• 59°

The Timeless Stories of Mark Twain

ROME TOWNSHIP — A visitor from another century gave some modern-day teens lessons in creativity, independence and individuality.

The instructor was that famous humorist in the white three-piece suit, Samuel Clemons, aka Mark Twain. His channel to the 21st century was actor Alan Kitty, who has spent decades sharing the wisdom of Twain in his one-man show.

Kitty, in the area this week for performances at the Paramount Arts Center in Ashland, Ky., brought his show to Fairland High School Friday afternoon. The actor started impersonating Twain in 1979 and maintains the author’s words are as relevant today as they were 160 years ago.

“The commentaries that Twain was responsible for are still valid today. The only thing that changes are names, dates and places,” Kitty said.

Like many, Kitty became enchanted with Twain when he first read “Tom Sawyer” as a child. That first love has developed over his lifetime into a deeper appreciation for the writer-humorist who was unafraid to ruffle the establishment, albeit with more than a touch of humor.

Admittedly following in the footsteps of the quintessential Twain impersonator, Hal Holbrook, Kitty said he did take notes of what Holbrook came up with. But Holbrook was only a tangential influence.

“I was interested in his look and I was interested in the fact he did what he did, even the way he did it,” Kitty said. “ But my main influence was Sam Clemons himself. I was so moved by his characters’ interest in making it a better world to live in.”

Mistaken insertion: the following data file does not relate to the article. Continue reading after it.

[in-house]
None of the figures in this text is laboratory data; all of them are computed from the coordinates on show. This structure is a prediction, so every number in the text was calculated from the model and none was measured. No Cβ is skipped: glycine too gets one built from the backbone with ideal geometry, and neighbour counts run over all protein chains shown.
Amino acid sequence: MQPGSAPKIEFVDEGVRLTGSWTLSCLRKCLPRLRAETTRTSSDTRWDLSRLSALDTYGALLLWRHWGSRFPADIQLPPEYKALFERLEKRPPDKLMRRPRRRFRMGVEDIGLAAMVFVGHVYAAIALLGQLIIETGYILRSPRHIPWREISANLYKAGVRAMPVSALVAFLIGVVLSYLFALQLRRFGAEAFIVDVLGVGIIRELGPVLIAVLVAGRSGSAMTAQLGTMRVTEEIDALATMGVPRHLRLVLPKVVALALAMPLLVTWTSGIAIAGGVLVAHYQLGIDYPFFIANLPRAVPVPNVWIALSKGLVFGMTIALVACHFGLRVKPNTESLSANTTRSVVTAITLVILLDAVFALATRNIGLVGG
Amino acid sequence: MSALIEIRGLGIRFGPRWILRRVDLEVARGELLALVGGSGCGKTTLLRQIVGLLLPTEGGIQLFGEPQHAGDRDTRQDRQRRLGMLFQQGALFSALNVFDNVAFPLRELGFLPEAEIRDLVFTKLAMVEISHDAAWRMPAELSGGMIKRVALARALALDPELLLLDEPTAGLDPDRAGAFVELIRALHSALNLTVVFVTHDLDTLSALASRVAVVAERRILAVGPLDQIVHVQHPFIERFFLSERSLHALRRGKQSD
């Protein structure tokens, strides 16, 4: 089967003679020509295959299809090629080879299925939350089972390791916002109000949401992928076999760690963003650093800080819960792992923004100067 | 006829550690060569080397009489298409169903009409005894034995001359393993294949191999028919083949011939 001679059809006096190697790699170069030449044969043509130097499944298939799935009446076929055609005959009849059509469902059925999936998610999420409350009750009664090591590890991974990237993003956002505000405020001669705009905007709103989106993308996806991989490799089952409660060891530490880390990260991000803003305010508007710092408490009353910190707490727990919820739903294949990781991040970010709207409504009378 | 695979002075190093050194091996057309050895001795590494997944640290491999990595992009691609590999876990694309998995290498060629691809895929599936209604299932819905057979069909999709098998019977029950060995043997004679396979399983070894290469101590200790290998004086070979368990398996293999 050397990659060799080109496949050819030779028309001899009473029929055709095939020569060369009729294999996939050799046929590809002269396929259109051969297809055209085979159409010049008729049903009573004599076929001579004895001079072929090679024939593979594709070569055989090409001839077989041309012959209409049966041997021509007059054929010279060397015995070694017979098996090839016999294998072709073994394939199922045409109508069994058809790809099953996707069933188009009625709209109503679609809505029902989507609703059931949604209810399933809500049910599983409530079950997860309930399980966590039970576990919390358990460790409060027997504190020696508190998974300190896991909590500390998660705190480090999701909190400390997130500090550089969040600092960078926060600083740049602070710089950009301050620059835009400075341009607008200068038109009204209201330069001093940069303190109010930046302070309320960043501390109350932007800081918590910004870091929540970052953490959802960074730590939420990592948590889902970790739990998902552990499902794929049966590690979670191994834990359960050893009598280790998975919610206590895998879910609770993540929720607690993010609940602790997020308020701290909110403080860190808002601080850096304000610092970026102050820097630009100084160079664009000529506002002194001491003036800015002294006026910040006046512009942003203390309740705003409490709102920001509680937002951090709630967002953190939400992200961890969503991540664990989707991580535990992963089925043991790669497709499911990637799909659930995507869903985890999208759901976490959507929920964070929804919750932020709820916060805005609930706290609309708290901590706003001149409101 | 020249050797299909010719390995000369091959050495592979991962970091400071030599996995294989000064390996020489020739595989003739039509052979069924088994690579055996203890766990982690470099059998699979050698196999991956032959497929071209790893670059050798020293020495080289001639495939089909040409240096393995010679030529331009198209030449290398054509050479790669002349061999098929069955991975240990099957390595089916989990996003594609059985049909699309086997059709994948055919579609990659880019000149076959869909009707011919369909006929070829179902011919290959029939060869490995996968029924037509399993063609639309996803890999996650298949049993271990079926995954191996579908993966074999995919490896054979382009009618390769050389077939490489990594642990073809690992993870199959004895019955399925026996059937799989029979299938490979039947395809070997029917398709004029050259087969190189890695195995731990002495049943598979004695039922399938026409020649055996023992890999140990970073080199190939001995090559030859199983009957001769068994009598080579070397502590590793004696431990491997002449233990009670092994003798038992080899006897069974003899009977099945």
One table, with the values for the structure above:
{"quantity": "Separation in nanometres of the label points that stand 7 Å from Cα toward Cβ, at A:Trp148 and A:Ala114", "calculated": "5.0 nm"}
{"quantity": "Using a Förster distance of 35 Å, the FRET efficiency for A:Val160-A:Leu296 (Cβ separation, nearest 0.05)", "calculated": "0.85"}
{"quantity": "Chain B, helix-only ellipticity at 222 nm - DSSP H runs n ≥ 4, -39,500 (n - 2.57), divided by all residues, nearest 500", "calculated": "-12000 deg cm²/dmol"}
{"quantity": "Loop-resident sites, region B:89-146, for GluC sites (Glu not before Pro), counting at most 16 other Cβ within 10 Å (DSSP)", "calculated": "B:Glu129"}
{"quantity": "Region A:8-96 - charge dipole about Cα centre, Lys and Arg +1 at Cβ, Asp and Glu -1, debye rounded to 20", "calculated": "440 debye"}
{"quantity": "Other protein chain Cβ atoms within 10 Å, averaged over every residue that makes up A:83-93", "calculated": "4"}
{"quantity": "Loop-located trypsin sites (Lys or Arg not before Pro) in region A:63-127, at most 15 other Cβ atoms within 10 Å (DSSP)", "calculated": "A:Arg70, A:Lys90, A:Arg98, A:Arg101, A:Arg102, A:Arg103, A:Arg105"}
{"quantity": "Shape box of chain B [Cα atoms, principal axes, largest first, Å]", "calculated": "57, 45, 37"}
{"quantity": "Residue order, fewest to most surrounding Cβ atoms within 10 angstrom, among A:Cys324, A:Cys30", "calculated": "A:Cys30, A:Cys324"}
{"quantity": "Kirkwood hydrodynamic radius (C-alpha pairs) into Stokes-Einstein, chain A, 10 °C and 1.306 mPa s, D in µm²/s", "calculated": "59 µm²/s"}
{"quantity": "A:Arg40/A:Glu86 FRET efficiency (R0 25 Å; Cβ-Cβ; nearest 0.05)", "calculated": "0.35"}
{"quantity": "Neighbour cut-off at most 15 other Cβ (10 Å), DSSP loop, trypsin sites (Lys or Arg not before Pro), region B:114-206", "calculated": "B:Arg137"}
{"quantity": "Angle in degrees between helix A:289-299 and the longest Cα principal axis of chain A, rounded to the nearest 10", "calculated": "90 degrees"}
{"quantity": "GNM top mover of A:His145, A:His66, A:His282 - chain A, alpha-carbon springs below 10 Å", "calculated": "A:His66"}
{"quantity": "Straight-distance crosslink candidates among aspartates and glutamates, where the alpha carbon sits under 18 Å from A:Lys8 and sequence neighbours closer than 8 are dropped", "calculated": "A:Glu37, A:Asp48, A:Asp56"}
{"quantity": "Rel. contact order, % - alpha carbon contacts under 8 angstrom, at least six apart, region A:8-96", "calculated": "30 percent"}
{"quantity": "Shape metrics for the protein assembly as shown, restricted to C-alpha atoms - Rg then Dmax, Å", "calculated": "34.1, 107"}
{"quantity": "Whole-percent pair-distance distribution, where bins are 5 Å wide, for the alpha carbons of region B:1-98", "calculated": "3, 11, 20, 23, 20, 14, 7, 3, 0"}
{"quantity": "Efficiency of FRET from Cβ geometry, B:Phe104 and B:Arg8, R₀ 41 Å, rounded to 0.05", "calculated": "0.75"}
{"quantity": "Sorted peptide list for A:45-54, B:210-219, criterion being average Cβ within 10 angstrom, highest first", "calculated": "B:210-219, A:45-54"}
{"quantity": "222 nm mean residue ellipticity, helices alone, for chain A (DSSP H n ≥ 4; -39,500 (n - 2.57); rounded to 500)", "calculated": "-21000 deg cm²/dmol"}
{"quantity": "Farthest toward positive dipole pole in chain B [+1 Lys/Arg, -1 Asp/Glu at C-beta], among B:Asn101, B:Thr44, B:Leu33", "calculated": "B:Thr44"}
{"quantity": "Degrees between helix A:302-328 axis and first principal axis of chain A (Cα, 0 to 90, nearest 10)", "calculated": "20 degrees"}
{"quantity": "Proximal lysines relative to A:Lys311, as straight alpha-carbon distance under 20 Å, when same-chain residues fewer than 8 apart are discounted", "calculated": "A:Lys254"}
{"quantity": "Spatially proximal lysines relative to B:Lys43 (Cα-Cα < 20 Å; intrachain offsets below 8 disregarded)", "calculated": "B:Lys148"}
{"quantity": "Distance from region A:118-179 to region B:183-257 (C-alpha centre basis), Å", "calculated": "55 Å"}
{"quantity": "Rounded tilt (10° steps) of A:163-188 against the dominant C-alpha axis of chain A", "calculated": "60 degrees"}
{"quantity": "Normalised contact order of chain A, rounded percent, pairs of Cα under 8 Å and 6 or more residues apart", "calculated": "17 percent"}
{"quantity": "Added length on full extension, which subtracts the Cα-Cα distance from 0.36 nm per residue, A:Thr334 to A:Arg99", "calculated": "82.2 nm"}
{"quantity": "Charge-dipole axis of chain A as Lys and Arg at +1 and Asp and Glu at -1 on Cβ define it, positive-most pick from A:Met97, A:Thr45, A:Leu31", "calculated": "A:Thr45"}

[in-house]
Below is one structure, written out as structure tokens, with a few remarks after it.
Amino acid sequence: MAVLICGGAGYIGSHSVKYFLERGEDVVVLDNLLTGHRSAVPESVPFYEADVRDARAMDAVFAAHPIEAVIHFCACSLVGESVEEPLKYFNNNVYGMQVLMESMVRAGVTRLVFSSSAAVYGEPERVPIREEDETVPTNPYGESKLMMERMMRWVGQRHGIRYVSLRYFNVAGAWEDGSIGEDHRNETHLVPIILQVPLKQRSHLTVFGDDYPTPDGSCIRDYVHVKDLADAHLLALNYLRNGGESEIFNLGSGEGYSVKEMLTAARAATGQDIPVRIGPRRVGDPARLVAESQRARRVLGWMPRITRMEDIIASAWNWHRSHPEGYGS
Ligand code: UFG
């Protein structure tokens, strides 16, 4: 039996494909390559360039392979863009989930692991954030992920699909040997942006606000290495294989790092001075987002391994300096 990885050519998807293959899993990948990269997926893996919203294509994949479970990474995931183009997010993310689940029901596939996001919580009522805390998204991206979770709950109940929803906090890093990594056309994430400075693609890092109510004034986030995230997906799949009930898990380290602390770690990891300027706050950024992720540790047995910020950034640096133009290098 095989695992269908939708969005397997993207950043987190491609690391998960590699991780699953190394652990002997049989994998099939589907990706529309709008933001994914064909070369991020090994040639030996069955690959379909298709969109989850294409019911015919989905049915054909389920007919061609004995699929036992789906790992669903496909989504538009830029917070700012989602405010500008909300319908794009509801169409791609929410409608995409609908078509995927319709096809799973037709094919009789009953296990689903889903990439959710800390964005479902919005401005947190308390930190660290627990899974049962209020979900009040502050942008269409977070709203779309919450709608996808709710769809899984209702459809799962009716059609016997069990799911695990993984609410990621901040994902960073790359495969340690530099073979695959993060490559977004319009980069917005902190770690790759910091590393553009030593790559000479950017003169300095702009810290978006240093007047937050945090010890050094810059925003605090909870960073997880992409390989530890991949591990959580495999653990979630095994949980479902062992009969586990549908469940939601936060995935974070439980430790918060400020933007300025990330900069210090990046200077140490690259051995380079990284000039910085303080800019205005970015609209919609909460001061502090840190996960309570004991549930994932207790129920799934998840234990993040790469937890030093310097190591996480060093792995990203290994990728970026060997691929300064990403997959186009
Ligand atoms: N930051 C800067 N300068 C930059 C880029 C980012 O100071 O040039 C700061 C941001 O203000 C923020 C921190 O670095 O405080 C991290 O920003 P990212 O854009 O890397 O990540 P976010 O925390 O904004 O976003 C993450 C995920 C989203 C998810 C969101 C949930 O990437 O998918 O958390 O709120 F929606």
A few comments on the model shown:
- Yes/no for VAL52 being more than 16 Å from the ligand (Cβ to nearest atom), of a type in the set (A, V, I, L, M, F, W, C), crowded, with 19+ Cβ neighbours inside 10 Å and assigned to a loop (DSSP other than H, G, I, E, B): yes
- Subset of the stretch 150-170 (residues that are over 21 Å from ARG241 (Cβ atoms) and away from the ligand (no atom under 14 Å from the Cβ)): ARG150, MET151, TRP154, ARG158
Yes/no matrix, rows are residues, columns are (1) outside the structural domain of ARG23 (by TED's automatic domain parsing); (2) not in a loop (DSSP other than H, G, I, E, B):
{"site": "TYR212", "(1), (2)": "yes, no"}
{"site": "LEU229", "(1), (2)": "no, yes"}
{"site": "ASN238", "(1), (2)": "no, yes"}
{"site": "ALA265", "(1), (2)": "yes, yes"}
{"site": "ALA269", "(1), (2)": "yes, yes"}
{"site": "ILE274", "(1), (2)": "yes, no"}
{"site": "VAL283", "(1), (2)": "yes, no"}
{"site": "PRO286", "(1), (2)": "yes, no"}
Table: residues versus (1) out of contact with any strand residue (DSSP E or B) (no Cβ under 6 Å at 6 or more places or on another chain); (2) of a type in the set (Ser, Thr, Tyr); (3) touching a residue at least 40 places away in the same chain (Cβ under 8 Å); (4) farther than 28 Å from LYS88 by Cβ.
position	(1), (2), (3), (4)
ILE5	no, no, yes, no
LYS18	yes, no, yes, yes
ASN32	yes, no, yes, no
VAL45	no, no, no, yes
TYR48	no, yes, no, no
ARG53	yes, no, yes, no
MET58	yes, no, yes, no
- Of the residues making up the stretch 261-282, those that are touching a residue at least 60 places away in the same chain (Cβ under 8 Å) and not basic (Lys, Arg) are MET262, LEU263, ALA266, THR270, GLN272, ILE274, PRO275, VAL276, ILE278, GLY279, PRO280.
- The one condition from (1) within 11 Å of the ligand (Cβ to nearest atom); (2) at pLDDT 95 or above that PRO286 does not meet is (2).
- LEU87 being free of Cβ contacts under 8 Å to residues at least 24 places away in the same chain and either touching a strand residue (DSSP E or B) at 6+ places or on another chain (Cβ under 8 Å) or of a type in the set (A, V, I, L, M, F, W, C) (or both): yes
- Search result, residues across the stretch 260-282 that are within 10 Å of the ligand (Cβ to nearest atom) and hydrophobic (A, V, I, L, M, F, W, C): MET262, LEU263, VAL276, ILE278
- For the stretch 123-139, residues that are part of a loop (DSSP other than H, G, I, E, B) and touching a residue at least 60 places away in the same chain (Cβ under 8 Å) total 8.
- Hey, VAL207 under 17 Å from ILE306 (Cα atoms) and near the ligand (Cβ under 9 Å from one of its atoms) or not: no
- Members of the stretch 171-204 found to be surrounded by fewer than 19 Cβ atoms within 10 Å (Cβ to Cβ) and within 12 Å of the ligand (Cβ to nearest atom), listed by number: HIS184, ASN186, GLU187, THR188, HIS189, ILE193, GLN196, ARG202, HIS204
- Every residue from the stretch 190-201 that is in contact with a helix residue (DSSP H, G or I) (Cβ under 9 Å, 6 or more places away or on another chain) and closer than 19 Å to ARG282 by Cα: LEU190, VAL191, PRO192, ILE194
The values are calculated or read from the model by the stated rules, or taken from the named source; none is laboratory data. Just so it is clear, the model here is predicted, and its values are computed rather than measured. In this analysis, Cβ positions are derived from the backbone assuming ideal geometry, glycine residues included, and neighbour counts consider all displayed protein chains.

In a country that revels in divvying up viewpoints as red or blue, conservative or liberal, would Twain find his own niche in the 21st Century?

“He would have passed the fine line between left wing liberal and revolutionary. He would have crossed over the line,” Kitty said.

“He was already fairly far but he did it through humor. His viewpoint was managed by his need to acquire money and therefore it would have mitigated his ire to some degree. But he was on the verge of preaching revolution.”

As for what this modern-day Twain wants his youthful audiences to take away from his performances, the answer would resonate with the white-haired humorist himself.

“Don’t listen to someone else giving you their opinion and take it for fact,” Kitty said. “Read it yourself. Find different points of view so you can guide your own path.”